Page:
In this continuation of Dark Fairy Tale Queens, Snow White is making plans to run away with her boyfriend, Hunter, to escape her stepmother, the wicked queen Cinderella. But she won’t be satisfied with just making good her escape; first she wants revenge on Cinderella for killing her father (never mind that he was a monster, it’s the principle of the thing), and she wants a love apple to share with Hunter, a spell that will keep their love strong and fresh for the rest of their lives, no matter what.
She’s going to need it, because unlike everyone else in the Dark Fairy Tale Queens universe, Hunter is decent, right through to the core. As much fun as this series’ heroines’ twisted minds can be, Hunter is a breath of fresh air, not to mention an ever-tightening reel of tension, as his childhood sweetheart love for Snow grapples with his dawning understanding of just how venomous she is.
When Snow makes Hunter promise to kill the pregnant Cinderella for her, she finally drives just enough of a wedge between them to set in motion a phenomenally awkward love triangle between stepmother, stepdaughter, and the sweetest man in the kingdom.
Meanwhile, Cinderella’s magic mirror has shifted its seductive attentions to the new fairest woman in the land, calling Snow’s worst nature even closer to the surface, and Cinderella’s fairy godmother ties the series closer together with a reappearance as a peddler of magic apples.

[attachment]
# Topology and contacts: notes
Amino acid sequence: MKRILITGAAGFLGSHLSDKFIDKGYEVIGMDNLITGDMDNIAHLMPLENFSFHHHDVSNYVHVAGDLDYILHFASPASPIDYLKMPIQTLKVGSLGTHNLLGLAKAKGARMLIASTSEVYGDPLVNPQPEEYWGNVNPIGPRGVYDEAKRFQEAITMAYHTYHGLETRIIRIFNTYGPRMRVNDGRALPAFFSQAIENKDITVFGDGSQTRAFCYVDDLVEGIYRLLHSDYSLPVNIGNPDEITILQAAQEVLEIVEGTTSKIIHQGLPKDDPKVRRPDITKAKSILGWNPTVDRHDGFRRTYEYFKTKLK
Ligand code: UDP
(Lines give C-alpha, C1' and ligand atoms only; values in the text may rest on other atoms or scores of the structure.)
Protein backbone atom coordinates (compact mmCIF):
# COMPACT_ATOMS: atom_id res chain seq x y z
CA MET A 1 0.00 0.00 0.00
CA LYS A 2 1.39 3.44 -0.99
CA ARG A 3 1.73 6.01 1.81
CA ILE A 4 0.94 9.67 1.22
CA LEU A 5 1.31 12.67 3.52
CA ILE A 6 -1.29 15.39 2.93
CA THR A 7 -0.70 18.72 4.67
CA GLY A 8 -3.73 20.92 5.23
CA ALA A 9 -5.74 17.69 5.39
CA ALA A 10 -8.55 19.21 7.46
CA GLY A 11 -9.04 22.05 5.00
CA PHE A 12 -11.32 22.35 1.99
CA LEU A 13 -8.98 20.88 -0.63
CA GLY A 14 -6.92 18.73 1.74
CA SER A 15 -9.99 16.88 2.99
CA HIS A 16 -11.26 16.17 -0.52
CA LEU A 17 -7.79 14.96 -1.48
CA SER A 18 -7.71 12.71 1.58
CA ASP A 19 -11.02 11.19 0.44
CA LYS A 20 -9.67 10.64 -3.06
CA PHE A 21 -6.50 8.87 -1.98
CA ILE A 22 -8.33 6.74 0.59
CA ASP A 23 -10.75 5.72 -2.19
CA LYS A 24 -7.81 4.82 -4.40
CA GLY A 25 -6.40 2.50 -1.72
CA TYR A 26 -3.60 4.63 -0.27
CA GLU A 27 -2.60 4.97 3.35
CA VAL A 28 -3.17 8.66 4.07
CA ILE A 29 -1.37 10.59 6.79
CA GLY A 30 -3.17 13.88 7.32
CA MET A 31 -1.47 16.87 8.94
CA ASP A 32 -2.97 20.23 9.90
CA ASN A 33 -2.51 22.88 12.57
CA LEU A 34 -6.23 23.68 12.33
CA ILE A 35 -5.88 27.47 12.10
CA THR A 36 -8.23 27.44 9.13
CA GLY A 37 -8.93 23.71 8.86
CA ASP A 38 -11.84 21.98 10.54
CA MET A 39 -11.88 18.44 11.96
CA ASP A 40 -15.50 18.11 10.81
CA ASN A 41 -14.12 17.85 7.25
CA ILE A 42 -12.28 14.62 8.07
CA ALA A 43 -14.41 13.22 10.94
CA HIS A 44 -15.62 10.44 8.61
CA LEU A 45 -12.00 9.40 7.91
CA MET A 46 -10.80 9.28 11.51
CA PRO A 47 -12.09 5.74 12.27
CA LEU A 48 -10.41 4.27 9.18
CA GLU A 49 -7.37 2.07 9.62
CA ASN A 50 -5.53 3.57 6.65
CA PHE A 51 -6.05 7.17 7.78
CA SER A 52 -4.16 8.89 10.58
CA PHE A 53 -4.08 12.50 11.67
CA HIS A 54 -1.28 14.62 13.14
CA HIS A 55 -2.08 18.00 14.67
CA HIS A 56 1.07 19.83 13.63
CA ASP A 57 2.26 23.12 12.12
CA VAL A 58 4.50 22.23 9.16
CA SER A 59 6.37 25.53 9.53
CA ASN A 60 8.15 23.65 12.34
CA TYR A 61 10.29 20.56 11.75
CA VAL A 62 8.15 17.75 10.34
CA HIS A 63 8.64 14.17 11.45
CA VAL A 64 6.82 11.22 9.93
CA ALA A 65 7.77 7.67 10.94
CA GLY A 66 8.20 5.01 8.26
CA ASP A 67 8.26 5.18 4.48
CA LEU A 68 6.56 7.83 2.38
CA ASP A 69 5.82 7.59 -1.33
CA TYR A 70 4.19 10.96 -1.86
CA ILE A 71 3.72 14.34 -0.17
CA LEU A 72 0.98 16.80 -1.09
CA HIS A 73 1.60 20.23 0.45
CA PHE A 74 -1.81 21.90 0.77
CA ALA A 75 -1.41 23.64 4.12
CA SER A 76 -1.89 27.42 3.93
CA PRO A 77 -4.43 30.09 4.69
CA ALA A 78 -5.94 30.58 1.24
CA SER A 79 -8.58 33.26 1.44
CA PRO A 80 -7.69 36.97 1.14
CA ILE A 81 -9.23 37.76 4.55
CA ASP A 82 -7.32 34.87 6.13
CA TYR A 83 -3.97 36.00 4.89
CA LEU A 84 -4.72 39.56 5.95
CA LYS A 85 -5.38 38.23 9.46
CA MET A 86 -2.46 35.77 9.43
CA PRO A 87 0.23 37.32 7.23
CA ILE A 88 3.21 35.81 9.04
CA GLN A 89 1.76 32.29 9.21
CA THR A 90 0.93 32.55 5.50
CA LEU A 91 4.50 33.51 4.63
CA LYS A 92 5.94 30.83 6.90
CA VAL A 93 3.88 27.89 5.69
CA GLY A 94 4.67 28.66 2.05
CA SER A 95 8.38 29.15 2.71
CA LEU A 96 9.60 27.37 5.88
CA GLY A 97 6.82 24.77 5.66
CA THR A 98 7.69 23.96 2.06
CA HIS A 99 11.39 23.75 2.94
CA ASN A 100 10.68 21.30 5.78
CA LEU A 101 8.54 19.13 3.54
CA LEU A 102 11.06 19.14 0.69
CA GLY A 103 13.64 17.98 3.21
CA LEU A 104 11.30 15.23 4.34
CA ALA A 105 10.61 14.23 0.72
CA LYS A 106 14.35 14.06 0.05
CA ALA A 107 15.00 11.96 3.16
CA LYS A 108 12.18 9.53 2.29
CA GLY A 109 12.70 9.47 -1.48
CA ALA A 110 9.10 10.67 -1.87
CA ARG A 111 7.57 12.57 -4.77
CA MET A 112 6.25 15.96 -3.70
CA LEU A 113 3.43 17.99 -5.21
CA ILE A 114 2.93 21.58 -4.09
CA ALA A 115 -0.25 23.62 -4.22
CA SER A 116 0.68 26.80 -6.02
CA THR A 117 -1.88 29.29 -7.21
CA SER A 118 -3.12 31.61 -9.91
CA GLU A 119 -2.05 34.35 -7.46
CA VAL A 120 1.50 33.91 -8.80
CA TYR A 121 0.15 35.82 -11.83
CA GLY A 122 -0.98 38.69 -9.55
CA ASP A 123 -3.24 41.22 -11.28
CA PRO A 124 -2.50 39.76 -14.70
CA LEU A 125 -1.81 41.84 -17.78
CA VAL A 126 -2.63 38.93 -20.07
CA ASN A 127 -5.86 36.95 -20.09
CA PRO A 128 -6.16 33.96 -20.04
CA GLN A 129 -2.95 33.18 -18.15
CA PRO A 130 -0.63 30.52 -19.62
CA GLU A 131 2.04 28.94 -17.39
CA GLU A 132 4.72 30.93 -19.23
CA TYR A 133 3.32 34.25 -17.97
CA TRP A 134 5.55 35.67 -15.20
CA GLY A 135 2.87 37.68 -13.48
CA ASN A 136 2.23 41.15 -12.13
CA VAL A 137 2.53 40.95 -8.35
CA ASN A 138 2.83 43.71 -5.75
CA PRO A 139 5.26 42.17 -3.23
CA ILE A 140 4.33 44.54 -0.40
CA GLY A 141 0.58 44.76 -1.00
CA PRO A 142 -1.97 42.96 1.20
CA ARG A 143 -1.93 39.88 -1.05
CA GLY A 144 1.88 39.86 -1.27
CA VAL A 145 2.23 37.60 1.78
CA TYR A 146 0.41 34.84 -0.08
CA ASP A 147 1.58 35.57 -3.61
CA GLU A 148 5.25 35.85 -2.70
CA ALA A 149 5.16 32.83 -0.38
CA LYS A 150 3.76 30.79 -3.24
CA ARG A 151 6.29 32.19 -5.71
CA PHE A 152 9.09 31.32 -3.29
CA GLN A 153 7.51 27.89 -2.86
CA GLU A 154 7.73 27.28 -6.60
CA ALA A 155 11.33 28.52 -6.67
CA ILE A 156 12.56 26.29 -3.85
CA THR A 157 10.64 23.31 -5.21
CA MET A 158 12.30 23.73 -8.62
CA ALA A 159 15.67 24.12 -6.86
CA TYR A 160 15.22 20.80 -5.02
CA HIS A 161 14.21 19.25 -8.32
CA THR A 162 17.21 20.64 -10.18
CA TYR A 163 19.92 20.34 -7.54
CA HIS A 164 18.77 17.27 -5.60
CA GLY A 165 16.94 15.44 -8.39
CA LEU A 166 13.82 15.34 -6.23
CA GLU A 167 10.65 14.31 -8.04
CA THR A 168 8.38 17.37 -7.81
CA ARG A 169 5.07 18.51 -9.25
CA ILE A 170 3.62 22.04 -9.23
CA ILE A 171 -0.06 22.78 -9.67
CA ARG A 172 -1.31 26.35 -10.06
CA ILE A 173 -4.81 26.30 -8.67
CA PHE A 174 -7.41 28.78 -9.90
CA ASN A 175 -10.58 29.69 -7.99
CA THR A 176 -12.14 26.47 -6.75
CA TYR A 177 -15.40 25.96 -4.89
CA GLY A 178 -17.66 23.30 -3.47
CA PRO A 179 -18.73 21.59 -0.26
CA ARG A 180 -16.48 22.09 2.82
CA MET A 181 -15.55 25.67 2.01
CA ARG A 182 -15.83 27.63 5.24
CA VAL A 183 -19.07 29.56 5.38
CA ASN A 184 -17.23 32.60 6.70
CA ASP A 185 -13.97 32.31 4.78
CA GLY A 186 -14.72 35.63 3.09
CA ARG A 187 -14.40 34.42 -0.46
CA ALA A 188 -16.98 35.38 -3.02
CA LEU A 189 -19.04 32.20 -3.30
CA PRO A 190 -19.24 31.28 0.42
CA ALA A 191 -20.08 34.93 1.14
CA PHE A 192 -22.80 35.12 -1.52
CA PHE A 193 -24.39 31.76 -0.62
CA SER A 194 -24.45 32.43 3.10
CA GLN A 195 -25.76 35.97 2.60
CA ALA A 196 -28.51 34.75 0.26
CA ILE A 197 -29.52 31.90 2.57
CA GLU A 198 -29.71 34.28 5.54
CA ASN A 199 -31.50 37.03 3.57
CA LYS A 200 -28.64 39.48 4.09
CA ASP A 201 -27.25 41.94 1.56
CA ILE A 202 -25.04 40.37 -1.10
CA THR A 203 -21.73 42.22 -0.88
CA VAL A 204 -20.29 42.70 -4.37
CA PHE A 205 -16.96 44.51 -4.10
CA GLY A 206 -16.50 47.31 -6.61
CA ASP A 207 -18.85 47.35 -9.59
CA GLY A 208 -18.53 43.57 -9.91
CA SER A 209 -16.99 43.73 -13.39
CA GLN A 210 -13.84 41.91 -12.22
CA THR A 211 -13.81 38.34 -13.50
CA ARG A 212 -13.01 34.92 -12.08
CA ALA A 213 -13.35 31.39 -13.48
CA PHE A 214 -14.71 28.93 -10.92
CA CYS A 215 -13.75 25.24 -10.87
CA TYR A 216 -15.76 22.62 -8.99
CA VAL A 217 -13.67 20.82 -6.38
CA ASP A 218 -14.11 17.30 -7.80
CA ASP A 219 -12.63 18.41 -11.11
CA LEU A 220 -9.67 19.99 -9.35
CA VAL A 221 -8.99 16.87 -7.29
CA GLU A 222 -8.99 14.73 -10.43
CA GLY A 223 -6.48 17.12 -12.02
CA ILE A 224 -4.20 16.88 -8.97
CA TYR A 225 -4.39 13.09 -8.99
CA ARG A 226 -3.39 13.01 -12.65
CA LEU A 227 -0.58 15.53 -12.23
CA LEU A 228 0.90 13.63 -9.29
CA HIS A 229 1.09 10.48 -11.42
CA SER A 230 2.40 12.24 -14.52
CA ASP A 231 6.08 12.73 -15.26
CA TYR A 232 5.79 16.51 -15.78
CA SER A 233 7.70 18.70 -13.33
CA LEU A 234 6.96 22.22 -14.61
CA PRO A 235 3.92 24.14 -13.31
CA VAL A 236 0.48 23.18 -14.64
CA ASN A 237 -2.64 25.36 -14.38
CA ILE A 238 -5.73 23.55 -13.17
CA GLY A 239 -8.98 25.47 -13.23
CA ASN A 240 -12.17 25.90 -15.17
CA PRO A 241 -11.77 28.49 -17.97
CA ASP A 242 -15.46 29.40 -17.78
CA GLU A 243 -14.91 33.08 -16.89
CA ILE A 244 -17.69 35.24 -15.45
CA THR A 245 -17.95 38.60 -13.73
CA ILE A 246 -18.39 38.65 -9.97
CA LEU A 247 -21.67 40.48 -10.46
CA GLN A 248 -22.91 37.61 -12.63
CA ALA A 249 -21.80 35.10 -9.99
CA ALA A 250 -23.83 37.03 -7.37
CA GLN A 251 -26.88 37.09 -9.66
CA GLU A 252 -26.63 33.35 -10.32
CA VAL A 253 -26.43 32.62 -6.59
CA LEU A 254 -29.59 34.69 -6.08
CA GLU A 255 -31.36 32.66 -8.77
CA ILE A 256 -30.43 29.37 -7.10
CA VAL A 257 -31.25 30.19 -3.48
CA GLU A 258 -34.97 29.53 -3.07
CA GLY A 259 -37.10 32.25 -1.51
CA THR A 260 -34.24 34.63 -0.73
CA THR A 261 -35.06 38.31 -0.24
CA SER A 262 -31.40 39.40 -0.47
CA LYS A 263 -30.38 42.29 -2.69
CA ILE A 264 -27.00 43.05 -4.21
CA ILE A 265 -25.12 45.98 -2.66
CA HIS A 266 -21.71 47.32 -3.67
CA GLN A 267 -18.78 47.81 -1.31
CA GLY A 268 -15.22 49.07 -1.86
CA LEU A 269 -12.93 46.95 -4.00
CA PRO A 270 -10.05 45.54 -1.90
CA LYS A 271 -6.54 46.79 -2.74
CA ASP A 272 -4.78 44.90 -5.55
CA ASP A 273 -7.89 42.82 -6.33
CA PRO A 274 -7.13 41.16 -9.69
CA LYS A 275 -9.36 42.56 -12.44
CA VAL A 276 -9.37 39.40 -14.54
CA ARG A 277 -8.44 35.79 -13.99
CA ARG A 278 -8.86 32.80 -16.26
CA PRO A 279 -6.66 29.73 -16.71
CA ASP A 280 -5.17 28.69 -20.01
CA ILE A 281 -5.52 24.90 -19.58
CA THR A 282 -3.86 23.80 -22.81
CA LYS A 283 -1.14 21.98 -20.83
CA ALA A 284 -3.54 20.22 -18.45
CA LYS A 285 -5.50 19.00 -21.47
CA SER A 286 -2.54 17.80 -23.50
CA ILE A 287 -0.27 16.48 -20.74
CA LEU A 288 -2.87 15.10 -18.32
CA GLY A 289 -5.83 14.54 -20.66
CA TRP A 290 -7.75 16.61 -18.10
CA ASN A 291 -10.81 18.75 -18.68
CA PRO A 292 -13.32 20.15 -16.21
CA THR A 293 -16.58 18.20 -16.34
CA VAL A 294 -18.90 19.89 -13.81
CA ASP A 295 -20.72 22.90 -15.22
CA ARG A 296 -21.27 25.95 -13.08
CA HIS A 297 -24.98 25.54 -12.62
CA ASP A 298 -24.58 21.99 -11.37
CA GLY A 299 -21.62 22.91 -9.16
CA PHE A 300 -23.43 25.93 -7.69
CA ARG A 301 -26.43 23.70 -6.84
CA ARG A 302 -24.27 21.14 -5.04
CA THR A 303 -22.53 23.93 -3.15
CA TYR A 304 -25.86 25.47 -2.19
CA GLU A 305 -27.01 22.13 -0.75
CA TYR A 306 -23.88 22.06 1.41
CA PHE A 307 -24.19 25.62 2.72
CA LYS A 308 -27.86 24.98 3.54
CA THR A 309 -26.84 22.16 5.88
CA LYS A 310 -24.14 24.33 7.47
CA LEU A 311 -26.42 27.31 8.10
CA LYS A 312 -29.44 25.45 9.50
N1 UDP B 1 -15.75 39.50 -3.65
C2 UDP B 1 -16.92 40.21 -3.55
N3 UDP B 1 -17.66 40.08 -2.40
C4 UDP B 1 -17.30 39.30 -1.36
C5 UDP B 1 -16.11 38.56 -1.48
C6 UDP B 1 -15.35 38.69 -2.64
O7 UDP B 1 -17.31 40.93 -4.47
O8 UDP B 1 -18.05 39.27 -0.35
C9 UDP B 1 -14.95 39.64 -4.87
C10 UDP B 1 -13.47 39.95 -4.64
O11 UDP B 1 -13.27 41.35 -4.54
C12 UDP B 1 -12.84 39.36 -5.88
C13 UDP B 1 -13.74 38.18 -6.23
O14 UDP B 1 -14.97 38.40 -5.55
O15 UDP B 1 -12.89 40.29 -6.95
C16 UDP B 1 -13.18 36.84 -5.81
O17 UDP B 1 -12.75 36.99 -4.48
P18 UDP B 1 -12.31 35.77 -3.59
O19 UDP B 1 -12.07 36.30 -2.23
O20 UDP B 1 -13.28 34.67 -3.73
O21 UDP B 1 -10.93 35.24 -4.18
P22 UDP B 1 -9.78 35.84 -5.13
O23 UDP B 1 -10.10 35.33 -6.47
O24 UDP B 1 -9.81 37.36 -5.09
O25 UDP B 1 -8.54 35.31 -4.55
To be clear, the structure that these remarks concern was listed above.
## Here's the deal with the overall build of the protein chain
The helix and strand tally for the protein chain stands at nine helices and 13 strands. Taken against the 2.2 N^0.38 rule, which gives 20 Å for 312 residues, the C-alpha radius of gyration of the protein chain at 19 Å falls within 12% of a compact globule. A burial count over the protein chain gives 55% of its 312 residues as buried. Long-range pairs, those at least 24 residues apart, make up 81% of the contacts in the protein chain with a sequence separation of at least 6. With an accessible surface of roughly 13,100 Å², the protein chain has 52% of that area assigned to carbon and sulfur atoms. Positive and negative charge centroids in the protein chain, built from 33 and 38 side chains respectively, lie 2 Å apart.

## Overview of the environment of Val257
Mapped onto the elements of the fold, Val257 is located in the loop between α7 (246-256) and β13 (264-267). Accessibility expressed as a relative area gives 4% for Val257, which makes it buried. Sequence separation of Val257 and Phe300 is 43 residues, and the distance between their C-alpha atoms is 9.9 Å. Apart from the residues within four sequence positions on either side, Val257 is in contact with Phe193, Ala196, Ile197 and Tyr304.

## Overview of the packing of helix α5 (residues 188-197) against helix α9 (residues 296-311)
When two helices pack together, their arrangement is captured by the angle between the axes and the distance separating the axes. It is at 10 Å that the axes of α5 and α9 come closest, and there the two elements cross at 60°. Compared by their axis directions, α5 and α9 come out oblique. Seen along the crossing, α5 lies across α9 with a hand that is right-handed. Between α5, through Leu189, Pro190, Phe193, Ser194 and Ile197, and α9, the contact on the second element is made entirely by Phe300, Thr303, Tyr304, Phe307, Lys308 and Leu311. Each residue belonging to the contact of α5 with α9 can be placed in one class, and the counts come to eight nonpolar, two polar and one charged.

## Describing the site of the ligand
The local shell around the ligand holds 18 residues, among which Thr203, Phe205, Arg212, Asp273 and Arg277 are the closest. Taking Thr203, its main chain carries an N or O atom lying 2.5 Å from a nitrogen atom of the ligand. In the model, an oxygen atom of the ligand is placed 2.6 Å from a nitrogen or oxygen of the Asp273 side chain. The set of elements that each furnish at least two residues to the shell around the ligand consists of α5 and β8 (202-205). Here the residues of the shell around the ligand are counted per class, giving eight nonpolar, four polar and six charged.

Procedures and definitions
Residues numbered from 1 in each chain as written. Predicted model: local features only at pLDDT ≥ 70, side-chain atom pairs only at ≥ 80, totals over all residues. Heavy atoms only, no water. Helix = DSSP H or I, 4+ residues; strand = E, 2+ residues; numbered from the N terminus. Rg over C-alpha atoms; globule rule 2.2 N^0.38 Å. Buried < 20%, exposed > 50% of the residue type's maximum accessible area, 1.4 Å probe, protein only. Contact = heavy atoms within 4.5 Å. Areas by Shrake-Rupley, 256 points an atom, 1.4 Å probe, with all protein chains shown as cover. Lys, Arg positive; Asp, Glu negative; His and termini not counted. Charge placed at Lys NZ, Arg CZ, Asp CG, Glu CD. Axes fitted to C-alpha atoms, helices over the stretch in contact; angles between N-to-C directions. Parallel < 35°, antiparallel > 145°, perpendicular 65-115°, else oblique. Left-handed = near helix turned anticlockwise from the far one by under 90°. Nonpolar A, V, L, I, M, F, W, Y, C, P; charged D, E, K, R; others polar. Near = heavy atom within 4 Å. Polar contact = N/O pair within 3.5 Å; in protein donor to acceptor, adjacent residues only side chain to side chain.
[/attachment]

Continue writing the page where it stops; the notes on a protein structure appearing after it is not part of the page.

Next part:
Possible downsides: Because Sneaky Snow White deviates more from the structure of its source fairytale, the pacing is a bit unconventional and treads water in a few places. Snow White also rather uncomfortably describes one member of the Dwarves (a rape gang that had previously chased her through the forest) as “a bad apple, but loveable.” Then again, she’s comparing him to herself while planning to cut open her stepmother and steal her unborn baby, so her judgement on what makes a person lovable can be assumed to be as fractured as the fairy tale she inhabits. Actually, the more I think about it, the more I realize this may be a deliberate comment on how only male characters usually get to fill the “loveable asshole” archetype, often while being assholes far beyond the point where they should qualify as loveable. Complaint retracted.